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Twin Hong Kong rallies as protesters defy China warnings

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Beijing repeats warnings about continuing unrest as police battle protesters for consecutive nights

HONG KONG Pro-democracy protesters held twin rallies in Hong Kong on Sunday as China delivered fresh warnings over the unrest battering the city, a day after police fired tear gas at demonstrators in a popular tourist hub.

Thousands marched through two separate districts on Sunday afternoon, the latest protests in another weekend of explosive unrest.

On Saturday, Tsim Sha Tsui - a harbourside district known for its luxury malls and hotels - was filled with acrid plumes of tear gas as small groups of hardcore protesters battled police in streets usually brimming with tourists and shoppers.


Yesterday, riot police again fired tear gas at protesters on Hong Kong's main island, the second consecutive night of unrest.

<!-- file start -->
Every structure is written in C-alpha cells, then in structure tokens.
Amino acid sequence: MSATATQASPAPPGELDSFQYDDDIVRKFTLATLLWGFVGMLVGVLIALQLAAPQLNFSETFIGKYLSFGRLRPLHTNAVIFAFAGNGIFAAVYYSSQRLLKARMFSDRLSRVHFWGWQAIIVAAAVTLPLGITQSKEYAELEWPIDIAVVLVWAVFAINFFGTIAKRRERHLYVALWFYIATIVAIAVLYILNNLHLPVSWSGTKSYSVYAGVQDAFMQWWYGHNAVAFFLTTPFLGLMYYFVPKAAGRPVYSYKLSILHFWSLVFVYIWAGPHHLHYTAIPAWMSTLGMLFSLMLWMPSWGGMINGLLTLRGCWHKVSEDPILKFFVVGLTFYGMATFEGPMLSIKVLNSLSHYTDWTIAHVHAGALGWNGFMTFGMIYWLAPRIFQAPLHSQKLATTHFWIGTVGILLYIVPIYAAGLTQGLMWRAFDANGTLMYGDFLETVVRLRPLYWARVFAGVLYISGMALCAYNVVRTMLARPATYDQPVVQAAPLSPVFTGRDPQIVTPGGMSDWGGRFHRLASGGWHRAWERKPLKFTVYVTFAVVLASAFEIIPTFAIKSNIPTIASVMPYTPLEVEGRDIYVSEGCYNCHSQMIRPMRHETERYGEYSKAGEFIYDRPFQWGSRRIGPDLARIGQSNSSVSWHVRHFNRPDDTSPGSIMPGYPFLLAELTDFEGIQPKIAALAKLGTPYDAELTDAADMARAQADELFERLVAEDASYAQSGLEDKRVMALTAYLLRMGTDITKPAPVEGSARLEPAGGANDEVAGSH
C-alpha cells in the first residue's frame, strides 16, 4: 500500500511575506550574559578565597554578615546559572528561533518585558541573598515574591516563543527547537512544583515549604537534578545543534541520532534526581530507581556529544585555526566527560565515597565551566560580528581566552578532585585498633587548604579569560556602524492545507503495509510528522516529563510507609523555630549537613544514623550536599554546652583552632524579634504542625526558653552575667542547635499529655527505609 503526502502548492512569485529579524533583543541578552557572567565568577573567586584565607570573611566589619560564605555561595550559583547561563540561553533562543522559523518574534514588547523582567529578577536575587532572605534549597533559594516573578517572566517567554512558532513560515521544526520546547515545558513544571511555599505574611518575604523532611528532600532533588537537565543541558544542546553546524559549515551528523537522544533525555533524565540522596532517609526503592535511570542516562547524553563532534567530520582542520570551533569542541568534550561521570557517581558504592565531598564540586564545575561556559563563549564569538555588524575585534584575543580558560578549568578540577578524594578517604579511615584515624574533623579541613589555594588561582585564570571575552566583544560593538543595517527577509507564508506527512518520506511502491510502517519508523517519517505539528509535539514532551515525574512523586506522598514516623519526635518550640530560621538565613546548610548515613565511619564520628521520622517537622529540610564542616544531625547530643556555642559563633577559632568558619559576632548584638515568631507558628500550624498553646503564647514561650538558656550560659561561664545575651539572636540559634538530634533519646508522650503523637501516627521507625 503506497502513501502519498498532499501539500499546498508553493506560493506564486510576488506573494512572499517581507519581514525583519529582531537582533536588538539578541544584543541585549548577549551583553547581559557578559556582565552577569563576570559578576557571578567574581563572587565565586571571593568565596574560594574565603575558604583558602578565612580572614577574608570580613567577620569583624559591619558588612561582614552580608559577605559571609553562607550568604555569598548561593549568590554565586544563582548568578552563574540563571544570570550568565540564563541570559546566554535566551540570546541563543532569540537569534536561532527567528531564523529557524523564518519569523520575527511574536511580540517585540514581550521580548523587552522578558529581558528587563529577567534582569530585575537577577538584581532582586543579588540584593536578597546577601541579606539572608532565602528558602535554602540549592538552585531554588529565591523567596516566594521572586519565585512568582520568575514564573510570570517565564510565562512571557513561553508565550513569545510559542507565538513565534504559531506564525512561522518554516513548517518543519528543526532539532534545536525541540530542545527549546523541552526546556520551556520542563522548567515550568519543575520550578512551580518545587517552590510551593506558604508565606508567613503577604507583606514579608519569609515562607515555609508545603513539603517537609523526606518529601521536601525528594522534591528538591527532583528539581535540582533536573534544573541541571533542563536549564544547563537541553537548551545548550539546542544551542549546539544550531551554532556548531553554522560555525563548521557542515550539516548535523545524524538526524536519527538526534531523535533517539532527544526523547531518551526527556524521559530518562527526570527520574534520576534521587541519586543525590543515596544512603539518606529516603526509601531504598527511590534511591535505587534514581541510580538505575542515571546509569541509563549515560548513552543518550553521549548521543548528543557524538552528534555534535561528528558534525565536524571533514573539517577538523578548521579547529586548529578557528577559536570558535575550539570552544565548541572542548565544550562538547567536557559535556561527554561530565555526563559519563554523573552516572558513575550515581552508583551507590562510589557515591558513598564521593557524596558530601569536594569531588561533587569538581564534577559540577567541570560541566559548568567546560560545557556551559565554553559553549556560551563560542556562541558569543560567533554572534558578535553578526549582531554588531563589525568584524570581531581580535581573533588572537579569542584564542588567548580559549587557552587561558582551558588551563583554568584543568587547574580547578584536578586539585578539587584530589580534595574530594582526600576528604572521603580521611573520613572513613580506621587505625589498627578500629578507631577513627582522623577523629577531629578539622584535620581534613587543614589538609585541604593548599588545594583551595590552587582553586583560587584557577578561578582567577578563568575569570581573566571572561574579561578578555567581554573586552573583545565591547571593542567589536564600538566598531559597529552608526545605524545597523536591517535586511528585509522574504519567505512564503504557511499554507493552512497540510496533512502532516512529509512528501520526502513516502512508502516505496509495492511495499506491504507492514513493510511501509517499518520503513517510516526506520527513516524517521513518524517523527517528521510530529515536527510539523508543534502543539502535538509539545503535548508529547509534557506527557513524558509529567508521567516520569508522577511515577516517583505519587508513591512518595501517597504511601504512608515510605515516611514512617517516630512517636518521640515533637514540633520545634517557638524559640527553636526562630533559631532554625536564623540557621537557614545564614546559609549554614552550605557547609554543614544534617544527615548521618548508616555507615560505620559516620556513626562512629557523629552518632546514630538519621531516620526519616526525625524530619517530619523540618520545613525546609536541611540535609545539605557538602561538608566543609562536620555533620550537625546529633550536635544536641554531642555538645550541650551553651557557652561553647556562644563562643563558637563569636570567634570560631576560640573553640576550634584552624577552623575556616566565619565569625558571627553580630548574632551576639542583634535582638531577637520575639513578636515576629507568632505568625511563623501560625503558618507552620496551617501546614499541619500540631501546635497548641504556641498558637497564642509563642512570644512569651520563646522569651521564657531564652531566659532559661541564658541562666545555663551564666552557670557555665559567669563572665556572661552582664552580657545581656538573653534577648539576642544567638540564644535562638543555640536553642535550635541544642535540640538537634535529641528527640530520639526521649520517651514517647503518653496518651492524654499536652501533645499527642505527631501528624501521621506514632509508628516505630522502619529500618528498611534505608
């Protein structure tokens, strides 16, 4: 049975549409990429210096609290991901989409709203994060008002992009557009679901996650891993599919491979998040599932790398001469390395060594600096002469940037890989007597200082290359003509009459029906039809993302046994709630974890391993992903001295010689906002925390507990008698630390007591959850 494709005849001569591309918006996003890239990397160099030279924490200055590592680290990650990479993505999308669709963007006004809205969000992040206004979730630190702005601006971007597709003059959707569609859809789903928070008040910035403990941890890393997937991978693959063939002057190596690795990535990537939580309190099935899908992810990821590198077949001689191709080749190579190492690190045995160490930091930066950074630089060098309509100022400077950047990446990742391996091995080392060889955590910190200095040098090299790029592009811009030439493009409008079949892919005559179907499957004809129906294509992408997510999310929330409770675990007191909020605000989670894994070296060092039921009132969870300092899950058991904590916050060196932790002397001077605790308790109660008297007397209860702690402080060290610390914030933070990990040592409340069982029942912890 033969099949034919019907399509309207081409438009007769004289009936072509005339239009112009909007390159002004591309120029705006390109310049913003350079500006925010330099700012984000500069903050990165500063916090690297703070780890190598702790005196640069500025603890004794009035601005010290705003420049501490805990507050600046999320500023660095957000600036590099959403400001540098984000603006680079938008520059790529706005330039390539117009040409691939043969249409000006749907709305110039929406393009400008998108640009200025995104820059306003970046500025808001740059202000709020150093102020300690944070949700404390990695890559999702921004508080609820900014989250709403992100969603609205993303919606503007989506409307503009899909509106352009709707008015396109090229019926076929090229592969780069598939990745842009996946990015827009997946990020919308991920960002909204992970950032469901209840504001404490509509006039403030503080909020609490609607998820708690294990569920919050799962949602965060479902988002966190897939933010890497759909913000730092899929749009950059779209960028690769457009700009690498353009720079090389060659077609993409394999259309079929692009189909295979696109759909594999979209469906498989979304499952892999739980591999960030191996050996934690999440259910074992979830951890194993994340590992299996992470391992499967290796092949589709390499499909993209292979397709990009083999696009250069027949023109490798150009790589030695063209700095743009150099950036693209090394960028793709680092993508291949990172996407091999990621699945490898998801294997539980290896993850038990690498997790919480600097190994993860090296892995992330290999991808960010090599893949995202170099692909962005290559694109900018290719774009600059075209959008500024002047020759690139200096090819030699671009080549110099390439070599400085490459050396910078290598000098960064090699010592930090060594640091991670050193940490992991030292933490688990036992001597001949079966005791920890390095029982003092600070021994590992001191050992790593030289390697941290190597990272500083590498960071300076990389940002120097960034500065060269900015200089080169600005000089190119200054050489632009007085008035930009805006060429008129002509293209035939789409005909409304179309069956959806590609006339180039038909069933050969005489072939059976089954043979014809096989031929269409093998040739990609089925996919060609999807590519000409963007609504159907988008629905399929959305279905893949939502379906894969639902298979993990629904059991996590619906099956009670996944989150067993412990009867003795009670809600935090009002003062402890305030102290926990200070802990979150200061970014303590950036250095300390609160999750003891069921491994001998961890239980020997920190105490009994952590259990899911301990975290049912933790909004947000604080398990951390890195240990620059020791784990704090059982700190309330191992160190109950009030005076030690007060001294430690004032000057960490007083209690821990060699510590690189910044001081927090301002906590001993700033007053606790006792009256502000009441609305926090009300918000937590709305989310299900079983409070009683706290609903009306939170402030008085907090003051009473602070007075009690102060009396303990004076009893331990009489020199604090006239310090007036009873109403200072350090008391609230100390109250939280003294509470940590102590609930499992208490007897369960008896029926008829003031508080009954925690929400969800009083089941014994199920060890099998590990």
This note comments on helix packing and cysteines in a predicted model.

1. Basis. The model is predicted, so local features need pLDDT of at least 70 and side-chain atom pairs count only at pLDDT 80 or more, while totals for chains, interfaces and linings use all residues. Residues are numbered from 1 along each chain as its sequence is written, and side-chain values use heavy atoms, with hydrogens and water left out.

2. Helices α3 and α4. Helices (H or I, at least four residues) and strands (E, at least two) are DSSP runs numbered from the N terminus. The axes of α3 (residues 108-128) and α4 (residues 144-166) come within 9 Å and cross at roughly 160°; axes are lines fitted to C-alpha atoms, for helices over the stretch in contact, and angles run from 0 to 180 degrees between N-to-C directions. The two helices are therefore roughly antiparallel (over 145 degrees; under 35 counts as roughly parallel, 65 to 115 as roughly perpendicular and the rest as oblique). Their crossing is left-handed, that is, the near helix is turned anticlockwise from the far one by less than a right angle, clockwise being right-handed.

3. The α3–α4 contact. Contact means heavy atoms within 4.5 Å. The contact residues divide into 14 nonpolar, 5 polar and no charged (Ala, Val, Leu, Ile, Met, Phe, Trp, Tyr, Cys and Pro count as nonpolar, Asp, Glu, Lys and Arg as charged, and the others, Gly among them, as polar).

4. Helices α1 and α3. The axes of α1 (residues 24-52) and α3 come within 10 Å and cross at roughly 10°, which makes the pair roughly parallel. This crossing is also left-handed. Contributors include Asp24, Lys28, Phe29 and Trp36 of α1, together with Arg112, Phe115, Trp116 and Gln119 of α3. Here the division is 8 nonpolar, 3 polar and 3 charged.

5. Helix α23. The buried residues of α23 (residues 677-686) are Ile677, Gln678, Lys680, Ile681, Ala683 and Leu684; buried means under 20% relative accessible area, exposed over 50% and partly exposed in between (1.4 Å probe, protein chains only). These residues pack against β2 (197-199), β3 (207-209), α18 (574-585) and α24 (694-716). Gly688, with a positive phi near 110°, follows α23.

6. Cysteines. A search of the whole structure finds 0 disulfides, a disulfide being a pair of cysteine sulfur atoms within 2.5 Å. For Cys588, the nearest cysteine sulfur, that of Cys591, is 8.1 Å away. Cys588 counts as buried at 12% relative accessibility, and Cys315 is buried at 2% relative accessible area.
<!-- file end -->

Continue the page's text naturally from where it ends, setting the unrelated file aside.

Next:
China's official Xinhua news agency published a new commentary yesterday, saying "ugly forces" were threatening the country's "bottom line".

"The central government will not sit idly by and let this situation continue," the agency wrote.

Semi-autonomous Hong Kong has seen two months of protests and clashes triggered by opposition to a planned extradition law that quickly evolved into a wider movement for democratic reforms.

But authorities in Hong Kong and Beijing have only hardened their stance.

Dozens of protesters were charged with rioting last week while the Chinese military said it was ready to quell the "intolerable" unrest if requested.

The largely leaderless protest movement remains unbowed.

Two gatherings were held yesterday, one in Tseung Kwan O district and the other in Kennedy Town, while the city is also gearing up for a strike today.

The latter rally was not far from the Liaison Office, the department that represents China's central government in Hong Kong.

Two weeks ago, the office was pelted with eggs and paint in a move that infuriated Beijing and sparked the rapidly escalating warnings from the mainland.

"I'm more worried than hopeful," Ms Florence Tung, a 22-year-old trainee lawyer who was among the thousands marching through Tseung Kwan O, told AFP.

"It's like no matter how much us citizens do, we cannot change the government," she added, referring to the city's unelected pro-Beijing leaders. - AFP